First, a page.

The Microchip Era Is Giving Way to the Megachip Age


If microchips were cities, the new, industrywide strategy for making them better could be summed up in one word: sprawl. In some case, the chips inside our most powerful devices are taking up so much real estate they hardly qualify as “micro” anymore.

One way engineers are making this happen is by piling microchips atop one another. It’s like urban infill, only instead of building towering new apartment blocks, the usually pancake-flat tiles of silicon inside of computers are becoming multistory, with the circuitry used for functions such as memory, power management and graphics stacked on top of each other.

What’s driving this trend in chip design is a simple reality: The pressure to continue making chips faster and our devices more capable is unrelenting, and the chip industry’s ability to keep pace by shrinking transistors to eke out more performance is running into technical barriers.

As a result, semiconductor engineers are increasing performance by jamming chips closer together. What’s emerging are mini-metropolises of silicon at the heart of our electronic world. In some cases these etched crystal conurbations are growing so big they are attaining physical dimensions rarely seen before in chips.

Presently, most chips are around the size of a dime or a quarter, but some chips are now growing to nearly the size of a playing card, or in one case, a dinner plate.

Apple’s M1 Ultra chip, found in its Mac Studio computers, consists of 114 billion transistors.



These megachips are showing up not just in the world’s most powerful supercomputers, but also in devices found at home. Microsoft’s Xbox videogame console and


PlayStation 5 use some, designed by Advanced Micro Devices.


has embraced this design approach in its M1 Ultra for its Mac Studio computers, and it’s at the heart of Intel’s Ponte Vecchio processor used in supercomputers and data centers.

But these megachips can present engineers with challenges when it comes to managing the extra heat they create from all the calculations being performed in densely-packed circuits. And though they can be more energy efficient, their sheer size means they sometimes end up using a lot of power, too. Intel’s Ponte Vecchio chip, for example, is efficient on a per-calculation basis, but consumes 600 watts, nearly enough to run a hair dryer. If you are wondering why megachips aren’t yet in your mobile device, this is your answer.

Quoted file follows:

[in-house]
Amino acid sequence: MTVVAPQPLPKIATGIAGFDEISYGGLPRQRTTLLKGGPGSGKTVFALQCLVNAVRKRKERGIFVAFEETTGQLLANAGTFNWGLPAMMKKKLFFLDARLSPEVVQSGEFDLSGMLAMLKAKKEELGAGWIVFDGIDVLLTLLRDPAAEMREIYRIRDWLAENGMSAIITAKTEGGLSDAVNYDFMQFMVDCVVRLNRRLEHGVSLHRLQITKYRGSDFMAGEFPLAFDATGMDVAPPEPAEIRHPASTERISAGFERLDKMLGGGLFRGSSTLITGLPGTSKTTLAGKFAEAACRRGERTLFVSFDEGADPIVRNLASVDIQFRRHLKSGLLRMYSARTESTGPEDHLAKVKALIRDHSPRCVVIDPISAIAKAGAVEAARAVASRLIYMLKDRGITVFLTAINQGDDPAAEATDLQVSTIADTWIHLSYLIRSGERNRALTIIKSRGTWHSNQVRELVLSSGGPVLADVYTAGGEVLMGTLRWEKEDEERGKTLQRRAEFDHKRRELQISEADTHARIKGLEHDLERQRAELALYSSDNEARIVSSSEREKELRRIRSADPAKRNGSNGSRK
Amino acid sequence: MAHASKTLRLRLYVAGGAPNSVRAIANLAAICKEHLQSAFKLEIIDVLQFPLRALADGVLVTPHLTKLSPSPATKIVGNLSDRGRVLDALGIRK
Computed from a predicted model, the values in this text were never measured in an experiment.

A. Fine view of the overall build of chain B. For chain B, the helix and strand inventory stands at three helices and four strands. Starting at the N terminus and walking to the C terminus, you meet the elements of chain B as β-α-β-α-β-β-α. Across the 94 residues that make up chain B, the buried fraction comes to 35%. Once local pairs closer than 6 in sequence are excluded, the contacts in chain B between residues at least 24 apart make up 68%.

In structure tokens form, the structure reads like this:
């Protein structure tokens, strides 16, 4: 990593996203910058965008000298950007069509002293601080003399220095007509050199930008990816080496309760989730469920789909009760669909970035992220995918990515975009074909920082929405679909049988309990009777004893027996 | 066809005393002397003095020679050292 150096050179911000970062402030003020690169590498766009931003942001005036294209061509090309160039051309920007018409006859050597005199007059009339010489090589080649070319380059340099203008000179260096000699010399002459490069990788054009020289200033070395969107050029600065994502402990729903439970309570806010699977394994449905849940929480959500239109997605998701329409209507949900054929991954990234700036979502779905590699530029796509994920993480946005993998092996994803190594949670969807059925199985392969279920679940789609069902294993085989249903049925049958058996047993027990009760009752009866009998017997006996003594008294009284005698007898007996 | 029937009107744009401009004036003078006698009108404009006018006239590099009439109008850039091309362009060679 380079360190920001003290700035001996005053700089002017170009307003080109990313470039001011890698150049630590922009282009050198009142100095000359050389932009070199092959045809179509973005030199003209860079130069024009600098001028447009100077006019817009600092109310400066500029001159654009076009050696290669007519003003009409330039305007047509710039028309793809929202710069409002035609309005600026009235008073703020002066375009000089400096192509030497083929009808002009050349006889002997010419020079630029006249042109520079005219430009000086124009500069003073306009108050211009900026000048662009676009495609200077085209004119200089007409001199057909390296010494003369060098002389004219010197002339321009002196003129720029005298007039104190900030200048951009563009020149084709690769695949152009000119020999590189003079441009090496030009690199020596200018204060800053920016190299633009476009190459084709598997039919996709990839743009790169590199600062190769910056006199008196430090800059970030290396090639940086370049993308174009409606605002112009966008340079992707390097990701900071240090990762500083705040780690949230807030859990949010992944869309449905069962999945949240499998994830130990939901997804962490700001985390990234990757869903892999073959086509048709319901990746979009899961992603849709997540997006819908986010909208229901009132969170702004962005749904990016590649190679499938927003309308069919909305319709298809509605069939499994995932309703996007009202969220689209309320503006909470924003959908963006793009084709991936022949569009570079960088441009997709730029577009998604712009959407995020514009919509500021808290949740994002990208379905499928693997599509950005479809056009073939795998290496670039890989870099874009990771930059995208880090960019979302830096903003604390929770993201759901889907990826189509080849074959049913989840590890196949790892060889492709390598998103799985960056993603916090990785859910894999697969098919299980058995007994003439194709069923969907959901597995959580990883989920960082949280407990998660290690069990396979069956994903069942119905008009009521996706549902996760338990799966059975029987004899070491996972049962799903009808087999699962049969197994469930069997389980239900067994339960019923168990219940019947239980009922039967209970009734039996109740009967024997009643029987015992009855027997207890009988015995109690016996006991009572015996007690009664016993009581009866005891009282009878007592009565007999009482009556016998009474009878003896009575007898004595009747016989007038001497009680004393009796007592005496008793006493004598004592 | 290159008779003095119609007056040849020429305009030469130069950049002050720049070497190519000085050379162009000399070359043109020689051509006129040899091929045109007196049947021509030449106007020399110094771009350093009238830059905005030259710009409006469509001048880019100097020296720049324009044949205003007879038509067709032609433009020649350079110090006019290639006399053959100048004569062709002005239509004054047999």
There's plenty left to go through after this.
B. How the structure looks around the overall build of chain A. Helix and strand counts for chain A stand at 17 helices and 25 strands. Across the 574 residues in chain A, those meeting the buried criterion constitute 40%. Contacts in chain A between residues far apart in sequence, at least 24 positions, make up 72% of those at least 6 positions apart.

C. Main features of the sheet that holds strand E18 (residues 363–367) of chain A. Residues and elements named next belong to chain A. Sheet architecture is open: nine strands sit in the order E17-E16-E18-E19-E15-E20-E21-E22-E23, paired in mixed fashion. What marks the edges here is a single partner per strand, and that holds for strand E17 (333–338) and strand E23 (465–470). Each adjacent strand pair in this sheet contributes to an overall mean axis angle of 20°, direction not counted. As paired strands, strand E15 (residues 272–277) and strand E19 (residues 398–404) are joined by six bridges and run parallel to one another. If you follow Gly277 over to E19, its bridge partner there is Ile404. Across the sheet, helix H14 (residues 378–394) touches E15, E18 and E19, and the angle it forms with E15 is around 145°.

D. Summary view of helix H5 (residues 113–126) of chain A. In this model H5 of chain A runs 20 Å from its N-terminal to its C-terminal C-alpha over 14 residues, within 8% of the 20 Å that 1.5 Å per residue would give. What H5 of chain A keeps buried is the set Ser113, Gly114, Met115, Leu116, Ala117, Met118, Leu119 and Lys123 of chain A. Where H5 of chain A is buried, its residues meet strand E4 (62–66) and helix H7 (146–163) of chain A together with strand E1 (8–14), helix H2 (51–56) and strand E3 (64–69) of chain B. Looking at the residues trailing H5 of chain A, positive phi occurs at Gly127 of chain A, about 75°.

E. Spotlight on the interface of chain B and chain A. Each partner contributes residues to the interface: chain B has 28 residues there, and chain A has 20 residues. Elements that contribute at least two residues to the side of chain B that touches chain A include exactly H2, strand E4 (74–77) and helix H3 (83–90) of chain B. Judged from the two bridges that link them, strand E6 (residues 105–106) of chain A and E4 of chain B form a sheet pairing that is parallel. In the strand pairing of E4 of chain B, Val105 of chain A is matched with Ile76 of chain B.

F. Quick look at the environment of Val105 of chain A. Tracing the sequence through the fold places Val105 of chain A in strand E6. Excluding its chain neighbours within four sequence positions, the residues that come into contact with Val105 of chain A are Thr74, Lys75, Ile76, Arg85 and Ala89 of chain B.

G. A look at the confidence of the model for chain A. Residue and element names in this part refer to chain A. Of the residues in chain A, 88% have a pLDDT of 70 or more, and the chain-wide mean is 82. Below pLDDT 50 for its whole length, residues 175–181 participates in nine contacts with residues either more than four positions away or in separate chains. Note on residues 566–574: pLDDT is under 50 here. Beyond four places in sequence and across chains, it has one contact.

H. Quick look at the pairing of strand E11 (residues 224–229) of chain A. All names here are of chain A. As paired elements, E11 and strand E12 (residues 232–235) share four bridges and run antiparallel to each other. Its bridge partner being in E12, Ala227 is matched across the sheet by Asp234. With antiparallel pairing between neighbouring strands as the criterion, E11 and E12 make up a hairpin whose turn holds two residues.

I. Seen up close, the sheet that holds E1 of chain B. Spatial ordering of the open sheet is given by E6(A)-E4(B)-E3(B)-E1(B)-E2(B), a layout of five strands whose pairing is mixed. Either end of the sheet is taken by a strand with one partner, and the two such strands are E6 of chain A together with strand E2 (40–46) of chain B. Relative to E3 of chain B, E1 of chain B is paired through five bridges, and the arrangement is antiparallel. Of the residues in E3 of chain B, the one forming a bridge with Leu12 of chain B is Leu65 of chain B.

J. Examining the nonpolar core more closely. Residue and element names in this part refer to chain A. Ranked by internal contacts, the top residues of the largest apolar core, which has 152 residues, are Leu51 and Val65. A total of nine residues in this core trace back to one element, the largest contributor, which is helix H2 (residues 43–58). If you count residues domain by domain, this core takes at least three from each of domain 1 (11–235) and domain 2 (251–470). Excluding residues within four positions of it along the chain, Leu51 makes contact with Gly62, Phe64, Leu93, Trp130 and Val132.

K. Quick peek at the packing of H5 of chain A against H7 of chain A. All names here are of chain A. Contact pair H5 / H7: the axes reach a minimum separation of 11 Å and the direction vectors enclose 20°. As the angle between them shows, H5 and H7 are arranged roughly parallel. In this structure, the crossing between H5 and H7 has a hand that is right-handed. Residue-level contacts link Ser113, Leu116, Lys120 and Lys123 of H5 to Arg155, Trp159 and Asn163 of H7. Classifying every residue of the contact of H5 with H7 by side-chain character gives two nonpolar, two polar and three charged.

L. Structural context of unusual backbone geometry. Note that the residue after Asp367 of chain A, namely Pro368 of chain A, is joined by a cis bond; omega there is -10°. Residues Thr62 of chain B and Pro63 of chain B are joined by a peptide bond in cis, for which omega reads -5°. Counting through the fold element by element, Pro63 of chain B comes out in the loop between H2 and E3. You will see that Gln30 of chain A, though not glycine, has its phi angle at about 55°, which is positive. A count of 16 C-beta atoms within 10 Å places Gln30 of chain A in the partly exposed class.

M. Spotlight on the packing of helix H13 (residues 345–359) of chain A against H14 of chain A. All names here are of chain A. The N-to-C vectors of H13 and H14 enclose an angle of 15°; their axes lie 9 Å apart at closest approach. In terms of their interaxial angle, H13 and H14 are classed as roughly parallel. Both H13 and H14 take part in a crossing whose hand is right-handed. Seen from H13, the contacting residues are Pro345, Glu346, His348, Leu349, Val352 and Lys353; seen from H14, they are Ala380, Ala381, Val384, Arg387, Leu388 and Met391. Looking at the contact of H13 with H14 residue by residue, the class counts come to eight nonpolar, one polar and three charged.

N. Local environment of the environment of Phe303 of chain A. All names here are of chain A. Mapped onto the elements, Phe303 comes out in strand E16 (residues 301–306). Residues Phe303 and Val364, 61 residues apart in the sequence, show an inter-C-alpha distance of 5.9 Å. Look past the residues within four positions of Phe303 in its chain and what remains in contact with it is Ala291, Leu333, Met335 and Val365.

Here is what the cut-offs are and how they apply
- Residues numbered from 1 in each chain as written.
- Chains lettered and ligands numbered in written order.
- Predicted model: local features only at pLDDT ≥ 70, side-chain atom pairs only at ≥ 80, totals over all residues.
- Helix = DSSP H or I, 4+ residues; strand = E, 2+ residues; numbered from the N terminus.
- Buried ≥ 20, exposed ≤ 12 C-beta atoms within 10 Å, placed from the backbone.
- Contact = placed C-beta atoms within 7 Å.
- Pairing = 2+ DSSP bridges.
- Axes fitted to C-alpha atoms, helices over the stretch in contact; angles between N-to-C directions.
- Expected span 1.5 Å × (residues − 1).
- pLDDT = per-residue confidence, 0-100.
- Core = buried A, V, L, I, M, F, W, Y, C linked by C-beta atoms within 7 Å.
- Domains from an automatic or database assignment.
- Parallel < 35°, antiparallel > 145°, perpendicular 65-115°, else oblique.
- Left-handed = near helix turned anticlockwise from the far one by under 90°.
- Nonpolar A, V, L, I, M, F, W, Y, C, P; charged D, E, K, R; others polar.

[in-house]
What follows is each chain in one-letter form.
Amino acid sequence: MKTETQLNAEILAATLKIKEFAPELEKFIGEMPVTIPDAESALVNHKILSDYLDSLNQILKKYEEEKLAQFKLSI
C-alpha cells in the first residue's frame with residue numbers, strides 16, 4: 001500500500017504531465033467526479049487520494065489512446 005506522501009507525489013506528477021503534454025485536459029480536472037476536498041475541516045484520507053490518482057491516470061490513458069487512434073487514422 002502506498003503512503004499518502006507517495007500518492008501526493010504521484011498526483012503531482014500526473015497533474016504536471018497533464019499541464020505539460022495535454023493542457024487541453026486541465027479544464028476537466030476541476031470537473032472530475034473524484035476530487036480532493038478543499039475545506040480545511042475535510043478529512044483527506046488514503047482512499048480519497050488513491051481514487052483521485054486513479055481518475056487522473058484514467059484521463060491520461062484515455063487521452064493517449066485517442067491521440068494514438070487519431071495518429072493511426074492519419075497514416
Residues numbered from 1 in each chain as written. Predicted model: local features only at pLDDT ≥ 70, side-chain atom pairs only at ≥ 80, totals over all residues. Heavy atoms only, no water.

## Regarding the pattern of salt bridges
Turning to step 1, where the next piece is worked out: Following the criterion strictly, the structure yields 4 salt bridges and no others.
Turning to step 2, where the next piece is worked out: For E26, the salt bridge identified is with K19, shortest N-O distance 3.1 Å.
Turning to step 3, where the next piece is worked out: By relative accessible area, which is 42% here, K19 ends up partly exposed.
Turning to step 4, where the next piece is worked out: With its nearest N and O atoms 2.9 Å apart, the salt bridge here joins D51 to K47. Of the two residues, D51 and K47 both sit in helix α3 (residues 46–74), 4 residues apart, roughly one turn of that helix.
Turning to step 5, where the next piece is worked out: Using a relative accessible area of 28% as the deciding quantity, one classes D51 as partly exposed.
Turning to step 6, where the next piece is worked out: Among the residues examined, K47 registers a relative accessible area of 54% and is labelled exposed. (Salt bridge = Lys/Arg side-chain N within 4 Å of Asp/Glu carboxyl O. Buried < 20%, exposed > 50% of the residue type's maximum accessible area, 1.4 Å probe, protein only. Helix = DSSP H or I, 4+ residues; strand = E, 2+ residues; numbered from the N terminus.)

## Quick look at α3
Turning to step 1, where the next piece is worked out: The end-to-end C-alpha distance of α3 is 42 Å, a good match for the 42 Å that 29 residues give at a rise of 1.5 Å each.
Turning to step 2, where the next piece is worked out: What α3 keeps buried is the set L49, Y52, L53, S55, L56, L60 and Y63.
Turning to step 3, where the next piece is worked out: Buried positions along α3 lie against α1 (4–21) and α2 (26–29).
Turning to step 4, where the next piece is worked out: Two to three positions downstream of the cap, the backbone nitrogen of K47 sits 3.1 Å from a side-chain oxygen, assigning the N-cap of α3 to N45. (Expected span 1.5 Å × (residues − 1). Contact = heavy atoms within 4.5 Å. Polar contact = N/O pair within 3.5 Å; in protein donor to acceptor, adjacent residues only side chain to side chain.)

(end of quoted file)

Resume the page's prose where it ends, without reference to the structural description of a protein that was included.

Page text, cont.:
By some measures, megachips are simply a way to continue the trend of Moore’s Law—the observation by Intel founder

Gordon Moore

that every two years or so consumers can expect about twice as many transistors, and therefore computing power, per dollar. This rule of thumb has been declared at an end before, but chips just keep getting better.


are just the industry’s latest innovation to deliver on the promise of ever-higher performance.

Dutch firm ASML has what is essentially a monopoly on making the tools that are essential to producing the world’s most advanced chips, with the tiniest transistors. And yet even it has said that to keep Moore’s Law going, just making the features on a chip smaller isn’t enough. In a September 2021 presentation to investors, it talked up the idea of “system scaling.” A spokesman for ASML confirms the company sees system scaling as complementary to the work that ASML does to shrink the features on microchips.